After returning from the EXHIBITOR Show in Las Vegas last week, I've come to the (mixed) conclusion that the trade show industry isn't dead.
It's just trying to figure things out before moving on.
The good news is that I sat in classes that had anywhere from 100 to 140 people. Of those people (as polled in one of "Trade Show Bob" Milam's classes), nearly a third claimed to have less than 3 years' experience in trade shows.
The good news: companies see the value in doing trade shows and are hiring and training people to do this for their companies. There is business out there and companies are reaching out via trade shows to engage customers.
The bad news: the majority of these people are under 30 and most likely vastly underpaid for what they do. That probably means these young people will move on (and/or up) and that management doesn't value the function enough to pay for it by buying experience and a long-term employee. However, from a business perspective, it makes sense in that it probably is cheaper to pay lower wages and retrain replacements every few years rather than nurture a professional trade show person.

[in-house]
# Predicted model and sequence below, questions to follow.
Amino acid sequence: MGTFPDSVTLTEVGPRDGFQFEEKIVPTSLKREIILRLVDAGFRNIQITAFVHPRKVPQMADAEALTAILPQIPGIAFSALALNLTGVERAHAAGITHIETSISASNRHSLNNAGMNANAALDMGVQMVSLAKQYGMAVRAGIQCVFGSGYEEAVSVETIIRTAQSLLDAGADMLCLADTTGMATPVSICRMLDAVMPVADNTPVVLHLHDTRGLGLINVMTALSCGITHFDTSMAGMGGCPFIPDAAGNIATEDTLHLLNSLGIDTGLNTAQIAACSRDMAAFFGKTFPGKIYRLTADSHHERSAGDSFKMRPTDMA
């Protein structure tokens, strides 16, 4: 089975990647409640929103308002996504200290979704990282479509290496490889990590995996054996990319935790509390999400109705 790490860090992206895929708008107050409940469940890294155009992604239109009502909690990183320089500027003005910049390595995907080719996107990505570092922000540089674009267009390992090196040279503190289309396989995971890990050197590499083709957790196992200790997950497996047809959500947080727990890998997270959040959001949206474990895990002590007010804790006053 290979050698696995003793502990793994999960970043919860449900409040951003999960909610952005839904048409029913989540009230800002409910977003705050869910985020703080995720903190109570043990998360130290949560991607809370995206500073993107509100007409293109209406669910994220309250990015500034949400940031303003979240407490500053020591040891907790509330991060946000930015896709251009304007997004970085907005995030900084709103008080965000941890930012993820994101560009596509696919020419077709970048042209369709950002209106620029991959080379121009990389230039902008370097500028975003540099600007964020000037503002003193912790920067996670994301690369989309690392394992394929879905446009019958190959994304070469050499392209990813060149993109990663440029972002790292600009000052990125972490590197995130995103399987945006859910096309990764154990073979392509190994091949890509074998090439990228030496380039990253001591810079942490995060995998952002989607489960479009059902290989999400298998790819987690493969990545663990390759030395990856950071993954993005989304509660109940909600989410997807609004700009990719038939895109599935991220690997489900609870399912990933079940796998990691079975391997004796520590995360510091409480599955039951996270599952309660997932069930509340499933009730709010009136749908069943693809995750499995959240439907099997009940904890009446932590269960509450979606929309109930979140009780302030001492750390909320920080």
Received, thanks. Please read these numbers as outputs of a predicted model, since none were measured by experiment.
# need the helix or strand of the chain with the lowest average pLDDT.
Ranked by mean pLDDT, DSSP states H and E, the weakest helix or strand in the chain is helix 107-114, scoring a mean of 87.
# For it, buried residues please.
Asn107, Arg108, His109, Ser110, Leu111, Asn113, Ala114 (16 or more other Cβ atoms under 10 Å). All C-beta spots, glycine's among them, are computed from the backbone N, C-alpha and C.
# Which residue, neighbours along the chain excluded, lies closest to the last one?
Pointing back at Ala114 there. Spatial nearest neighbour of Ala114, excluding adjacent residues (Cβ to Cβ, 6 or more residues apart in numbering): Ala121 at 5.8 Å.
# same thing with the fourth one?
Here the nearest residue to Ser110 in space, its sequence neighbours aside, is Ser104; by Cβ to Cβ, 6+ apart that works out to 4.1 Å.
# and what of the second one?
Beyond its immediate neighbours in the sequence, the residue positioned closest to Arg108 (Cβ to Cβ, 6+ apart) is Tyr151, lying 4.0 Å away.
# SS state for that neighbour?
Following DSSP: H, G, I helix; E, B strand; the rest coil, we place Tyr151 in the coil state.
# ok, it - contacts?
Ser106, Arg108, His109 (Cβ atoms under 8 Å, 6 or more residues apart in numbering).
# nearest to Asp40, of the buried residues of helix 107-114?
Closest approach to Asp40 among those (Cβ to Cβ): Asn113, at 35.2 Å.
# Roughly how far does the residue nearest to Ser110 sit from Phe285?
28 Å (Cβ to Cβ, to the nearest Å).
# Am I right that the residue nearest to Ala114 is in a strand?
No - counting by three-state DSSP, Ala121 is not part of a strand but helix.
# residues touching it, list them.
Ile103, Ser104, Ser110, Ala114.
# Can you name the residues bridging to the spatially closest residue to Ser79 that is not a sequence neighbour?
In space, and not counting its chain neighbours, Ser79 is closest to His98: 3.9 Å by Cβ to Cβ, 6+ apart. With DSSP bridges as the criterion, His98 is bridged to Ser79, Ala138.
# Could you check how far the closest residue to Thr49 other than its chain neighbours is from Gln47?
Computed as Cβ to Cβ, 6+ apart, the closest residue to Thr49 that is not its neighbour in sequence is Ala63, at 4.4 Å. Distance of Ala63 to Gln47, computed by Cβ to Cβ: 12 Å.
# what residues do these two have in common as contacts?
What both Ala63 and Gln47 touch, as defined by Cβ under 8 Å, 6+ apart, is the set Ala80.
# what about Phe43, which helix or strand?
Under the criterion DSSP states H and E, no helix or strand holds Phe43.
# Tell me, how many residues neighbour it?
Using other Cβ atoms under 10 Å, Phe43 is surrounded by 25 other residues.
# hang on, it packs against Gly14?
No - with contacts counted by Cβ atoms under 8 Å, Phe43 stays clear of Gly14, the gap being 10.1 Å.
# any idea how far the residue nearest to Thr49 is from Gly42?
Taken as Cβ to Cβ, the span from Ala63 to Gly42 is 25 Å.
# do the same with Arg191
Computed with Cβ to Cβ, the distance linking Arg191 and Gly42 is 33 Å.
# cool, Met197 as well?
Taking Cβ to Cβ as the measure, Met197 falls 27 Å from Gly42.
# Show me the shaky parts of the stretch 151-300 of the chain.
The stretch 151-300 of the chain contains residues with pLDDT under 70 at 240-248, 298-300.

The industry is changing whether we admit it or not. Something in the model has to change, and most of it has to do with the perception of marketing, particularly trade show (face-to-face) marketing.
Inside companies, we need to work on making marketing a strategic part of their business approaches and plans.
Outside, we, as professionals and suppliers in the industry, need to examine whe we do, how it is perceived by the customer and forecast the best direction for the trade show and events industry. Standing pat with an aging business model won't make it right--or make change go away. How shows are conducted, how they are sold, the elements and how they are used all need to be examined.
I think we can all have some fun taking the next steps. Nothing like a challenge.